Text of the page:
It's Not Raining Spiders Here, And Thank Goodness for That
Next time it’s pouring in South Florida, just be glad it’s not raining spiders.
The town of Goulburn, Australia, was reportedly greeted with millions of parachuting arachnids this week. Sounds like something out of a horror flick, right? Turns out some spiders spin bits of silk and use the wind to transport themselves to a new location, a process called ballooning.
The phenomenon happens all the time, but it usually goes unnoticed.
“In these kinds of events [spider rains], what's thought to be going on is that there's a whole cohort of spiders that's ready to do this ballooning dispersal behavior, but for whatever reason, the weather conditions haven't been optimal and allowed them to do that. But then the weather changes, and they have the proper conditions to balloon, and they all start to do it," Todd Blackledge, a biology professor at the University of Akron in Ohio, told LiveScience.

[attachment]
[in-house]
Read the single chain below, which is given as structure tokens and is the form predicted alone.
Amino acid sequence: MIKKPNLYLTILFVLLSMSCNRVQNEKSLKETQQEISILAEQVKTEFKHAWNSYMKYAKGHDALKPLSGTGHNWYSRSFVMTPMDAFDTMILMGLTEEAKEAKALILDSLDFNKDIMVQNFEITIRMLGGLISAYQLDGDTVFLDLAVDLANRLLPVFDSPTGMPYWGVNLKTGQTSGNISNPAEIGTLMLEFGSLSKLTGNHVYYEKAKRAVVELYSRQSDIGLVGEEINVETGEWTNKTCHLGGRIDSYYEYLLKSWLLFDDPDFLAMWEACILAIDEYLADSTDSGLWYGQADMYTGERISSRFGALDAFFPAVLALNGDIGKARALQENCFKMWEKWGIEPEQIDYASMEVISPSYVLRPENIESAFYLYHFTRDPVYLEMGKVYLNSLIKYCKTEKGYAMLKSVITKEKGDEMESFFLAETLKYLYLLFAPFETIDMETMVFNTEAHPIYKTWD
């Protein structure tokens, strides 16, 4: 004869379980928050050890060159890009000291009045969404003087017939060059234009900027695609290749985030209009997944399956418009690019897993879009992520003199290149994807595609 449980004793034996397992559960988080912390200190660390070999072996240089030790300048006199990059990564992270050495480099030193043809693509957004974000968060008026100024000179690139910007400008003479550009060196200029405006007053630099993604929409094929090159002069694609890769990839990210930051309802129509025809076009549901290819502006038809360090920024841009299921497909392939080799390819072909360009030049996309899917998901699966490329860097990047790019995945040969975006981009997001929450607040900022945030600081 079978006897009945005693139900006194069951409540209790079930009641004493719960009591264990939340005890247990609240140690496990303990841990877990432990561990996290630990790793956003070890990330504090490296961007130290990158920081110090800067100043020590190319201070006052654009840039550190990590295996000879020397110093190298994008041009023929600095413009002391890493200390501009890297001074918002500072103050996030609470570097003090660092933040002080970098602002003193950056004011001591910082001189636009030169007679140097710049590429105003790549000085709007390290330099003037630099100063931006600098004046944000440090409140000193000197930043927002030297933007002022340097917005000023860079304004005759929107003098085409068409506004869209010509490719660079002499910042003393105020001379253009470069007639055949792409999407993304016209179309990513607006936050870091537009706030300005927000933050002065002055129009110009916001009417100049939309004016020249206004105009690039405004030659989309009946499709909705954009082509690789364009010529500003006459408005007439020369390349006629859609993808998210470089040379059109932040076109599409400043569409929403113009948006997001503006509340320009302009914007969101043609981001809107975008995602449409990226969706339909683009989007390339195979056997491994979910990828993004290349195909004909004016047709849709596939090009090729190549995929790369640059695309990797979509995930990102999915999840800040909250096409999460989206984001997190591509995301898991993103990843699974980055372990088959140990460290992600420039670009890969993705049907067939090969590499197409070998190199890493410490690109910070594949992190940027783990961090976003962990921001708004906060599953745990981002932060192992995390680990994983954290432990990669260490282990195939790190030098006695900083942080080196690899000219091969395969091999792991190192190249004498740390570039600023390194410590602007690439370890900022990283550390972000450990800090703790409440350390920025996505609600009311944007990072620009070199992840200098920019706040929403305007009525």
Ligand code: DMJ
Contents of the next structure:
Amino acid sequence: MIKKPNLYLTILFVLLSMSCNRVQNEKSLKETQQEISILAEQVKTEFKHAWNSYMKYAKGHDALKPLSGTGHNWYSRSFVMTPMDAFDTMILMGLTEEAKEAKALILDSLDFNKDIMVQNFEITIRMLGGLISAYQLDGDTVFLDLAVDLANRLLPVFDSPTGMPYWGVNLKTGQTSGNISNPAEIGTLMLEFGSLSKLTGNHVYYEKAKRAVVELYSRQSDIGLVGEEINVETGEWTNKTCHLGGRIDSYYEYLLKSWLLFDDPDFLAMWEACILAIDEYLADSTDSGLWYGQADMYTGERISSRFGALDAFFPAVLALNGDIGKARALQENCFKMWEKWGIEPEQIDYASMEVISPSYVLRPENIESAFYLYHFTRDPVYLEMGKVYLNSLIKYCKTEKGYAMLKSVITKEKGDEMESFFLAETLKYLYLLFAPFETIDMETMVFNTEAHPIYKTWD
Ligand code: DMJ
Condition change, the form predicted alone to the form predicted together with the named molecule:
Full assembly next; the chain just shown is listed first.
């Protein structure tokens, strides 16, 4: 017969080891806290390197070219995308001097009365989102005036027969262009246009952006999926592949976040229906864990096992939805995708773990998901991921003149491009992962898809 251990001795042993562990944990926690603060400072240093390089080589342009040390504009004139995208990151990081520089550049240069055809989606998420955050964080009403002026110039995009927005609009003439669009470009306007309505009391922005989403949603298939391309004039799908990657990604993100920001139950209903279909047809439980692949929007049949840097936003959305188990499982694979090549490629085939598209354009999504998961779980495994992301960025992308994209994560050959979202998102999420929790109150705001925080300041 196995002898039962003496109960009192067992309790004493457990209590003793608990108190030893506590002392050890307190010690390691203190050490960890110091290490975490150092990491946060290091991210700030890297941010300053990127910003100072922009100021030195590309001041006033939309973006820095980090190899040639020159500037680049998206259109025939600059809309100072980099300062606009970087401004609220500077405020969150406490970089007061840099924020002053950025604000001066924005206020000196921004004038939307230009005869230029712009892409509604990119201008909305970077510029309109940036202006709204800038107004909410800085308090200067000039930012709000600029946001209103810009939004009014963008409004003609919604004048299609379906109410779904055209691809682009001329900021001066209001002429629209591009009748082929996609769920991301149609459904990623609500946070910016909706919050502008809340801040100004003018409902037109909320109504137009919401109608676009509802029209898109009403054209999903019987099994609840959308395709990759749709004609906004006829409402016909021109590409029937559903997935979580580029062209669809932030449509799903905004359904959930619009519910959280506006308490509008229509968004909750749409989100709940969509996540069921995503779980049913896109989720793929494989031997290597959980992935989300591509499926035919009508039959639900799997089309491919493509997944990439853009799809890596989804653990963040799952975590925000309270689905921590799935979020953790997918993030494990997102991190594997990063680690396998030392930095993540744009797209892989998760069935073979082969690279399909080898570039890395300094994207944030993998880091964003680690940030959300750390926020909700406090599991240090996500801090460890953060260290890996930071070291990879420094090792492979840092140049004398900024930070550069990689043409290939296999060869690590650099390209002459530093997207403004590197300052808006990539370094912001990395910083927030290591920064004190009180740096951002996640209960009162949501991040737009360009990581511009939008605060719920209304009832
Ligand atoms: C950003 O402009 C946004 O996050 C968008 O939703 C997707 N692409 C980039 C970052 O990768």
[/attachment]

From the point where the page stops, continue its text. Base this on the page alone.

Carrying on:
Lizzy Lowe, an arachnology doctoral student at the University of Sydney, says recent wet weather in the area likely led to the headline-making event.
“All of the tiny little spiders that we don’t normally notice are just trying to get away from the flooded areas,” Lizzy Lowe, an arachnology doctoral student at the University of Sydney, told the outlet.
The results can be quite astonshing.
"Everywhere a spider goes it leaves a trail of silk … so if they use somebody else's silk line, they put their silk line over that," Naturalist Martyn Robinson, of the Australian Museum, explained to the Sydney Morning Herald. "You end up with thick silk roads … criss-crossing finer silk lines to produce this interwoven shroud."
Though Robinson says the eight-legged creatures will "disperse once the weather conditions warm up," we're siding with everyone on the Internet and going with: NOPE.
Here's a bit of an explainer:
smh.com.au (@smh) May 14, 2015